For the past week, we have been getting journal entries from Russ Pope during his trip to northern Italy, specifically for his new solo show, “Summer People,” which opened at Antonio Colombo Gallery in Milan on September 27th. As we followed along with Russ in Japan this past summer as he had 3 shows in 9 days, we wanted to get messages as Russ draws his way through Milan. On his final entry, Russ makes his way to the capital of the Renaissance, Florence! —Juxtapoz


We stumbled upon a restaurant in a tiny alley for lunch, enjoyed club sandwiches at All’Officin Caffé, and then we walked to the Museo Nazionale Scienza E Technologia Leonardo da Vinci. This expansive museum is filled with models of Da Vinci's inventions and modern creations related to his research and engineering.


Later that evening, we visited Claudio at Bastard Store. Not only is Bastard Store an epic skate shop, it's also an architectural masterpiece. Housed in a movie theater built in the 1940s, Bastard Store has maintained the integrity of the theater feel and added a beautiful elevated birch and steel framed bowl, modern retail shop and event space, winning the ArchDaily Building of the Year 2009.




Max, Claudio and Russ had a fun skate session and we followed it up with a late night dinner of risotto and wine at Trattoria de Abele Temperanza. The local vibe and friendly owner made the dinner even more fabulous. There’s a tiny model of the restaurant with stunning detail behind the bar. If you are in Milan, be sure to make a stop here for the best risotto and placemat art adorning the walls.


Claudio drove us back to our apartment in a little smart car he picked up on the side of the road with an app. These are all over the city, like the bike programs in the U.S. Friday in Milan was fabulous.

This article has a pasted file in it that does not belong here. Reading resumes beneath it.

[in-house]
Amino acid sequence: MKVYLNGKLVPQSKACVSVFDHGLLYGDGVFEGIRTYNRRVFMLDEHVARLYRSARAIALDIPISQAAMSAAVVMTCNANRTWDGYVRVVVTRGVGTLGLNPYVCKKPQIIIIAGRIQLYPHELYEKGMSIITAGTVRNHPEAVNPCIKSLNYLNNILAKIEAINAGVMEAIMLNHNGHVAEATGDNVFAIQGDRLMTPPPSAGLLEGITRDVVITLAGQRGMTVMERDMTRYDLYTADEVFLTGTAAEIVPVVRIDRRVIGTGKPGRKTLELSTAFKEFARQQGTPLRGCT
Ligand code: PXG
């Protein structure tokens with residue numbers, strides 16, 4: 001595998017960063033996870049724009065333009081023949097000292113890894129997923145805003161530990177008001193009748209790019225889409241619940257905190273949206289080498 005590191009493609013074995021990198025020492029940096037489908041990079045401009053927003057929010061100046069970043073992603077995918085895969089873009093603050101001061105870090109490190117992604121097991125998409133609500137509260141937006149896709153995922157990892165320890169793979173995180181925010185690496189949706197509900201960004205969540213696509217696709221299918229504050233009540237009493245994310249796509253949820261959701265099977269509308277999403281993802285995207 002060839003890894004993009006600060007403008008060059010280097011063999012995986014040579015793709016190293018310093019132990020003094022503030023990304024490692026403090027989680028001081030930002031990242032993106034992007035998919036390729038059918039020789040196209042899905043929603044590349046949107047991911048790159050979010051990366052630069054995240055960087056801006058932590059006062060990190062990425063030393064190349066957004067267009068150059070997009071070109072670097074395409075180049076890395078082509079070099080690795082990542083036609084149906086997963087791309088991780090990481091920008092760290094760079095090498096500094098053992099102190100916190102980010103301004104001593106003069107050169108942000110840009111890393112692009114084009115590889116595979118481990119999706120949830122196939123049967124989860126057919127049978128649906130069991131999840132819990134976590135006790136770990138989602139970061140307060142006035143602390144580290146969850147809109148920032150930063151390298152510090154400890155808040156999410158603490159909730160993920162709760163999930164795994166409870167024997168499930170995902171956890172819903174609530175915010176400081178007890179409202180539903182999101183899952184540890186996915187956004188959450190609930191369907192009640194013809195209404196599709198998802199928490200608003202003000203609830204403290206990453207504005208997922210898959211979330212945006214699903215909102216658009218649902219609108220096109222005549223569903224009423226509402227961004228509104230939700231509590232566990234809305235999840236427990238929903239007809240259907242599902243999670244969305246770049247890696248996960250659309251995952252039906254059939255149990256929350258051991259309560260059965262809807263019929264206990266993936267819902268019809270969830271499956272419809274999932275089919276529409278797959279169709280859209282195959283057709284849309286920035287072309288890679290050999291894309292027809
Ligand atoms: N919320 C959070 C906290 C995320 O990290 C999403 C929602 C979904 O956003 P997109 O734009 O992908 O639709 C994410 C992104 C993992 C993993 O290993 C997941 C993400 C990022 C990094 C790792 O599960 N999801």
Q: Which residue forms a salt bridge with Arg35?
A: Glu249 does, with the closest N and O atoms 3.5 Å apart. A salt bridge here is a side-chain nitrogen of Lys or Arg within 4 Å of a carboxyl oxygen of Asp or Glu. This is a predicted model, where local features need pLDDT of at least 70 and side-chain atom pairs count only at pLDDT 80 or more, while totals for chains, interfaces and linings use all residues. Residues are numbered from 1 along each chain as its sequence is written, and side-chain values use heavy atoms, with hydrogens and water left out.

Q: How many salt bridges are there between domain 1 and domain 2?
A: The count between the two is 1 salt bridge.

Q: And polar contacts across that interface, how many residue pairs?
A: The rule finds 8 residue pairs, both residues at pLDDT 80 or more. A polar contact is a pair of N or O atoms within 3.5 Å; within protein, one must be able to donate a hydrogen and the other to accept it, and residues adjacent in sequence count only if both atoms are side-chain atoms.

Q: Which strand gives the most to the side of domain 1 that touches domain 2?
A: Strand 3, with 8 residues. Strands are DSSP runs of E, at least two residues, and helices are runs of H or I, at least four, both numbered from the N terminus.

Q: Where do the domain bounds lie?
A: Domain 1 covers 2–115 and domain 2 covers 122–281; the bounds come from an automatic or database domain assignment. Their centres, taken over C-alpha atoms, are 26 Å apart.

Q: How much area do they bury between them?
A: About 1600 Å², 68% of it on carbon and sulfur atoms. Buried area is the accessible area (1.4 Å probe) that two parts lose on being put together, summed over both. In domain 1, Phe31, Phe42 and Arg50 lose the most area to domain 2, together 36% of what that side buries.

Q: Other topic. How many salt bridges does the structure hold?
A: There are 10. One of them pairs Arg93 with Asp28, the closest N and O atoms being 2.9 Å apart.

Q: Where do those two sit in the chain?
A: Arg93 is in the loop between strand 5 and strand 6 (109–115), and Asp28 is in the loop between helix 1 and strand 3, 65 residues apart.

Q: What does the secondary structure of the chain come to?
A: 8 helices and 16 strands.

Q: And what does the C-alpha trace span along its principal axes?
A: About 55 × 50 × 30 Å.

Saturday we had train tickets to Florence for the day. The fast train takes only 1.5 hours through beautiful countryside. Bustling with tourists, Florence takes a minute to adjust to, but the buildings and architecture are worth it. After a quick tour around the Museo Duomo, we waited in a long line to climb Giotto's Campanile. Giotto's Campanile tall, thin, red, white and green marble bell tower on the Piazza del Duomo with very narrow passageways filled with 414 stairs. There are three floors with incredible views of Florence and the surrounding mountains. The views were worth the hike up the stairs in the dark narrow passages.



From there we braved the crowds for the Uffizi Gallery. Opened in 1581, this gallery houses some of the most prominent and historic works in Italy. The first gallery had a Fritz Koenig exhibition of drawings and sculptures that culminated with the story of his world trade center sculpture and its revitalization after the devastation of 9/11. The exhibit was expansive, impressive and interesting.





Next, we marveled at the ceilings of the Uffizi, the history and the art.





After the stairs of the Campanile and the large galleries on every floor of the Uffizi, we walked to the Ponte Vecchio bridge for some pizza. Ponte Vecchio offers beautiful river views of surrounding Tuscany and loads of tourists and touristy shops. Luckily we wandered far enough away to find a little pizzeria tucked into an alley. We loaded up on enough beer and pizza to make it back to the train station for our trip back to Milan.


Saying, “Arrivederci” to Italy felt sad and too soon. Sunday morning was a little somber thinking about all the art, history, food and drink we would not be taking home with us. Nonetheless, we will keep some of the relaxed way of life and the laughter with us back in the U.S… and, hopefully, we will find some crusty bread, stinky cheese and Italian wine, too.